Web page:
Thomas J. Loredo Senior Research Associate & Lecturer Ph.D. 1990 (University of Chicago)
620 Space Sciences Building

I'm scientifically omnivorous; my research and teaching are interdisciplinary, mostly spanning astronomy, physics, and statistics. My research is largely in the emerging field of astrostatistics. My current teaching and advising activities are largely in statistics, bringing me in contact with data science problems in diverse areas.
In my main field of astrophysics, I like to work on the boundary of observation and theory, combining careful statistical data analysis with astrophysical theory to test models of astronomical phenomena, particularly in the areas of high energy astrophysics (supernovae, gammaray bursts, black holes, neutron stars), exoplanets, cosmology, and solar system astronomy. My work focuses on problems that can benefit from development of new statistical methodology, and largely adopts the Bayesian approach to statistics, which uses probability theory as a kind of calculus for inductive inference (in contrast to more conventional frequentist approach, which uses probability to describe variability in repeated experimentation). I'm particularly interested in problems where these two statistical approaches produce different results.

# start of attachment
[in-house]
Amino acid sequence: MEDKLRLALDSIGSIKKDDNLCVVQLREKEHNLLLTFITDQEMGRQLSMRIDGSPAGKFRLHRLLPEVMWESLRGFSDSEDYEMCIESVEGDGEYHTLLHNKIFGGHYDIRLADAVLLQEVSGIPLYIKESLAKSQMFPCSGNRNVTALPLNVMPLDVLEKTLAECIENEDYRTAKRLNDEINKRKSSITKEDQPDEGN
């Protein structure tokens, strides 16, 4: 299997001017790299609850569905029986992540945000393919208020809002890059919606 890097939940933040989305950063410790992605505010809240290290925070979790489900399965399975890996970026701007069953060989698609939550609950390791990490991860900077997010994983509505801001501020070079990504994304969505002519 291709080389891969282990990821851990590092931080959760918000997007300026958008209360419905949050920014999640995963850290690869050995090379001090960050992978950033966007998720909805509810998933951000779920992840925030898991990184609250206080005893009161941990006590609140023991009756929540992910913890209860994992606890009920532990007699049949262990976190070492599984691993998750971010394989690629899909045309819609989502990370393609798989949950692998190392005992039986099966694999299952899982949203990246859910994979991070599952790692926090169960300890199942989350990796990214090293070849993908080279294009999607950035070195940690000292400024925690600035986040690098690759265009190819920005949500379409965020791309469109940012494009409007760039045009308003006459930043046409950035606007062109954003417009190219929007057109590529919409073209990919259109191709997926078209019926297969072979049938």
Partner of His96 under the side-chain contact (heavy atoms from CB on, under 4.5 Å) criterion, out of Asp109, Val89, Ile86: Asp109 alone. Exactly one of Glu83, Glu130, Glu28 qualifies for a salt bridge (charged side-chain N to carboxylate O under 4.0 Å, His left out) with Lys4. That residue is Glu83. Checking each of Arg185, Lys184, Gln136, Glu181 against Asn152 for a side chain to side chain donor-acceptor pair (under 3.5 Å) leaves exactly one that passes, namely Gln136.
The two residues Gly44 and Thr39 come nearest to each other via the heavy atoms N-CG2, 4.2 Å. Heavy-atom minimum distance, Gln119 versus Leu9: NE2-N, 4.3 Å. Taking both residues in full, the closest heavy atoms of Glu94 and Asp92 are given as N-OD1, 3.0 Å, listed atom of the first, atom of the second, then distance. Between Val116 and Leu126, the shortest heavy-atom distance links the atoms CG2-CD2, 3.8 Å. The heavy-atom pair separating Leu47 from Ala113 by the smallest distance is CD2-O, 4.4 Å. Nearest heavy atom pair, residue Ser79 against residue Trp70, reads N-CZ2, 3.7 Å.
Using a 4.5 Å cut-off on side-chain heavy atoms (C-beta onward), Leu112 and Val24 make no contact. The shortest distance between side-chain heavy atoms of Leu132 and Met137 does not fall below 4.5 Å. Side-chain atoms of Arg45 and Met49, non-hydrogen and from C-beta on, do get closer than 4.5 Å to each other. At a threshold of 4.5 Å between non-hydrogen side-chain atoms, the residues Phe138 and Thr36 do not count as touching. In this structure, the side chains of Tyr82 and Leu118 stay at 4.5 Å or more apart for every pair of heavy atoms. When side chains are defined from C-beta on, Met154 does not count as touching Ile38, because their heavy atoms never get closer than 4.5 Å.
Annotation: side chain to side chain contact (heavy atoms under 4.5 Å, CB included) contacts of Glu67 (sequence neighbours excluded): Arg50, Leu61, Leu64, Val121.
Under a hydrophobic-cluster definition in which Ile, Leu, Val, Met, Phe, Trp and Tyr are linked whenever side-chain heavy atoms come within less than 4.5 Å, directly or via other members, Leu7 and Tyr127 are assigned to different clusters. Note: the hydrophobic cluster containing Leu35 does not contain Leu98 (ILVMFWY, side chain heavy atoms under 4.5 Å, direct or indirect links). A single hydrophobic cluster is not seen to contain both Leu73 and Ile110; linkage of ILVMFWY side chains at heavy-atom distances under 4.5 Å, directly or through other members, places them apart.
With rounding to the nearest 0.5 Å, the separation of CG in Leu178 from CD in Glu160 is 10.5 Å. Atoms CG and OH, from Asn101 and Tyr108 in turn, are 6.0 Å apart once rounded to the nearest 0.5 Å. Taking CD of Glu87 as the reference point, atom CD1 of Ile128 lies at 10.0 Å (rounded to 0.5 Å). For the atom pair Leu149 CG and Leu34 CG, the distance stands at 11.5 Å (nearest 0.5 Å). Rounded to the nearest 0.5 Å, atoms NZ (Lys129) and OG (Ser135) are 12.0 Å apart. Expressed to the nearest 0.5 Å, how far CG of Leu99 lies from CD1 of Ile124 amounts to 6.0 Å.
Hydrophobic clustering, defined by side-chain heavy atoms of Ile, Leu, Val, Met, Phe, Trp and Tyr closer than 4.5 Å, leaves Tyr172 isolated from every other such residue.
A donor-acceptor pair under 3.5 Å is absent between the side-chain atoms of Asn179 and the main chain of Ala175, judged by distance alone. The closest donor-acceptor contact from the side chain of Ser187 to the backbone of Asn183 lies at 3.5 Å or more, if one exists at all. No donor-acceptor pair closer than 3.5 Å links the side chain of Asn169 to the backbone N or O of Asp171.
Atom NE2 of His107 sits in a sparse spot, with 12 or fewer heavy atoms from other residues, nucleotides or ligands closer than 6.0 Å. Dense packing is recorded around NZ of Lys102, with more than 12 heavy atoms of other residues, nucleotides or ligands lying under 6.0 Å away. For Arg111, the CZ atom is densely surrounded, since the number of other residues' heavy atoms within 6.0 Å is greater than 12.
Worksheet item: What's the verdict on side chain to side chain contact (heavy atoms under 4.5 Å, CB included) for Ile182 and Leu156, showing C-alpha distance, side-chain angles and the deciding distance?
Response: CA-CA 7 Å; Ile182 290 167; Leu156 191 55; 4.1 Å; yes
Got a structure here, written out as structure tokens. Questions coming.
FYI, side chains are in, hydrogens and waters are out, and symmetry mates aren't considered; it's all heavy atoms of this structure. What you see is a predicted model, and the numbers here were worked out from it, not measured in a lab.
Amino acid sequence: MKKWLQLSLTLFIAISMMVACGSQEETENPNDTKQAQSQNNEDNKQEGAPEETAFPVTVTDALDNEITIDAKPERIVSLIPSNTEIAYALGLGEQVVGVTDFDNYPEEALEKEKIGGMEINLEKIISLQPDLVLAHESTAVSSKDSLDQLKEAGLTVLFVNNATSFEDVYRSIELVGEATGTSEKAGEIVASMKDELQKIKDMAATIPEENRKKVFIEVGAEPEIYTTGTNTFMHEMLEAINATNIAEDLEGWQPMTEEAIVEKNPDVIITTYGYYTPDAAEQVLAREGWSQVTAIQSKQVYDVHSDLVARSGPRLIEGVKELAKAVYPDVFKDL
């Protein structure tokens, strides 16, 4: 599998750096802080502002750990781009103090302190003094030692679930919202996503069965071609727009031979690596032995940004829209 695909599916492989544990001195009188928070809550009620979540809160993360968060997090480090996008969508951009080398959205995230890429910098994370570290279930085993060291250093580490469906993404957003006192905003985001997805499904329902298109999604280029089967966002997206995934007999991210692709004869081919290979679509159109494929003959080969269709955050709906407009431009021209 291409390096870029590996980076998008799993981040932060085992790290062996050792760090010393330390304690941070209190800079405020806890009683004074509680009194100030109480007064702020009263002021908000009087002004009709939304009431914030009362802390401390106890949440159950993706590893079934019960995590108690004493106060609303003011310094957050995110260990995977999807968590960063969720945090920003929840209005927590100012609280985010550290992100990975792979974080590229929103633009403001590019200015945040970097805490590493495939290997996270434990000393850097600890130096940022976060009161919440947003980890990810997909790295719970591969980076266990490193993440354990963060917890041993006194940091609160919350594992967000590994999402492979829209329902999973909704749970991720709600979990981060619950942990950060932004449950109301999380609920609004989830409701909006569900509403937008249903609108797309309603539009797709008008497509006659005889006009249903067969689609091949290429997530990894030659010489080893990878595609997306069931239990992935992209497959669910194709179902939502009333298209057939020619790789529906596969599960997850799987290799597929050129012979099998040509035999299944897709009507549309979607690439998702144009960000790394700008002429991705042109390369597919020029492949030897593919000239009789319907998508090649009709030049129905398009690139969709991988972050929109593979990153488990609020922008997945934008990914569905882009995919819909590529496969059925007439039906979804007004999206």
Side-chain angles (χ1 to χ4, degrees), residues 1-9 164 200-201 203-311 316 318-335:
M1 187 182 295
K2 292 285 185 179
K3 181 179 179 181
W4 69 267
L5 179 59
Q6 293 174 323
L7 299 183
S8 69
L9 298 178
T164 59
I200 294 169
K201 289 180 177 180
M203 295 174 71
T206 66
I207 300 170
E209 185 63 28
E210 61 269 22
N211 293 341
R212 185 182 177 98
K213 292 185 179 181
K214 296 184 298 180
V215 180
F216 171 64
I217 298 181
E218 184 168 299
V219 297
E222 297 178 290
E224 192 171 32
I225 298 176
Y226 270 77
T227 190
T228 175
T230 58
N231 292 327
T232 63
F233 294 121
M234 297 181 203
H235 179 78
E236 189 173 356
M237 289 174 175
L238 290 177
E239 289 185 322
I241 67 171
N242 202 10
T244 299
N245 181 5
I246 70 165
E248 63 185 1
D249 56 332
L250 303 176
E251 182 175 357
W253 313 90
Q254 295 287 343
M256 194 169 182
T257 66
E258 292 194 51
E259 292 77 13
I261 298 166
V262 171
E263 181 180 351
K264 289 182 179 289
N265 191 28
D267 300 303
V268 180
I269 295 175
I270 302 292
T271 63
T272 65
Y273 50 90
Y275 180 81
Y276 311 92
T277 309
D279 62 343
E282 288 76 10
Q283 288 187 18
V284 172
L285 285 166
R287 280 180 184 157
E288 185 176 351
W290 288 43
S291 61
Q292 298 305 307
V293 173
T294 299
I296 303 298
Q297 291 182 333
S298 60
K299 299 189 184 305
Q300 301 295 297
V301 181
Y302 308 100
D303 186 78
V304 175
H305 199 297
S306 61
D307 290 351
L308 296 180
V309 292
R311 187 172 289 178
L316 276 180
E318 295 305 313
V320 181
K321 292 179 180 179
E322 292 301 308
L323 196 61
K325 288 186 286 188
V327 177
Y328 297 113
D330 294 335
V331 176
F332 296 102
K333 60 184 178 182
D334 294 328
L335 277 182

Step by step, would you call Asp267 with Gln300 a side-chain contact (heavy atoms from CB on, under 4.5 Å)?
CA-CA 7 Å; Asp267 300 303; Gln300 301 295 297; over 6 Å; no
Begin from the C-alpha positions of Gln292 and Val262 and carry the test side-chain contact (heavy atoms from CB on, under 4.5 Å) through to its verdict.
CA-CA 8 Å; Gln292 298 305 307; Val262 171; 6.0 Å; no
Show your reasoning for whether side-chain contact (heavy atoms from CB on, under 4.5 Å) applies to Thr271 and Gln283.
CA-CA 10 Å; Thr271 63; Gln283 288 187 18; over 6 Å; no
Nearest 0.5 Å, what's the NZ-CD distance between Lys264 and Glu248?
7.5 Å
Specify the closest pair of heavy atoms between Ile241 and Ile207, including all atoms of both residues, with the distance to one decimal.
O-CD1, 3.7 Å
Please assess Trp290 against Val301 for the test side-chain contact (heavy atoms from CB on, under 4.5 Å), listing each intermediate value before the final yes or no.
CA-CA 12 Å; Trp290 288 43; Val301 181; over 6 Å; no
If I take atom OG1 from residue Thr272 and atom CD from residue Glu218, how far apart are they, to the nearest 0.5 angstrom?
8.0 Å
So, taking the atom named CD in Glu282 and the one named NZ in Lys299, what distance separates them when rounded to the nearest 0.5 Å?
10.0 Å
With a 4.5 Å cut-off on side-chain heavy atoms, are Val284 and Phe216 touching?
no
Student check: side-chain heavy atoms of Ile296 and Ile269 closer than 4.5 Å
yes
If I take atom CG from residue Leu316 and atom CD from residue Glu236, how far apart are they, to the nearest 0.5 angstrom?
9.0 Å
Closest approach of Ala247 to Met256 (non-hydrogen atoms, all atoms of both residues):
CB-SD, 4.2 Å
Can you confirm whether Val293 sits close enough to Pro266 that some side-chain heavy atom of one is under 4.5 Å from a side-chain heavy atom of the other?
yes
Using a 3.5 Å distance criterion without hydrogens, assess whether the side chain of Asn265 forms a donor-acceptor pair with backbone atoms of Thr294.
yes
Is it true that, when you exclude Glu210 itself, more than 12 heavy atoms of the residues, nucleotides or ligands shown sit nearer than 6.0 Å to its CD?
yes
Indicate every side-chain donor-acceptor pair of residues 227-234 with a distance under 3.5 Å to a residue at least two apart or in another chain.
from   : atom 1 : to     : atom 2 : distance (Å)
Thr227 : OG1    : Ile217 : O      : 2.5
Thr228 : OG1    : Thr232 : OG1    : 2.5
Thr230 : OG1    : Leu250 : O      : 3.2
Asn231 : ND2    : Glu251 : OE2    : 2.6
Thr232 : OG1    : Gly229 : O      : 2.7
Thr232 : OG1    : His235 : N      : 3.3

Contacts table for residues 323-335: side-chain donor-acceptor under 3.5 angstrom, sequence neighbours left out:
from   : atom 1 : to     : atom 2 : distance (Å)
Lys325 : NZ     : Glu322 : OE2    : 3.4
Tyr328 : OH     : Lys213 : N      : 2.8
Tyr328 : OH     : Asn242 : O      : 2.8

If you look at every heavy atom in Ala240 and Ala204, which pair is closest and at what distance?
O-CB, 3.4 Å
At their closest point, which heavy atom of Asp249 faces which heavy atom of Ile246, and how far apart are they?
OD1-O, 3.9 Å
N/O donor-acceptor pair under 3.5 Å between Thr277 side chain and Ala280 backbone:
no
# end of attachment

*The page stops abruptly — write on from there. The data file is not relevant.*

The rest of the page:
Two main themes of my current work are cosmic demographics (modeling cosmic populations, with careful accounting for measurement errors and selection effects), and time domain astronomy (modeling astronomical time series data).
I'm affiliated with both the Center for Astrostatistics at PSU, and the Statistical and Applied Mathematical Sciences Institute (SAMSI). I've helped organize research and educational programs in astrostatistics with both institutions.
For more details about my Bayesian astrostatistical work, visit Tom Loredo's Bayesian Reprints, or download Tom's CV for a more complete publication list. For information about my other activities and interests, visit the following web sites: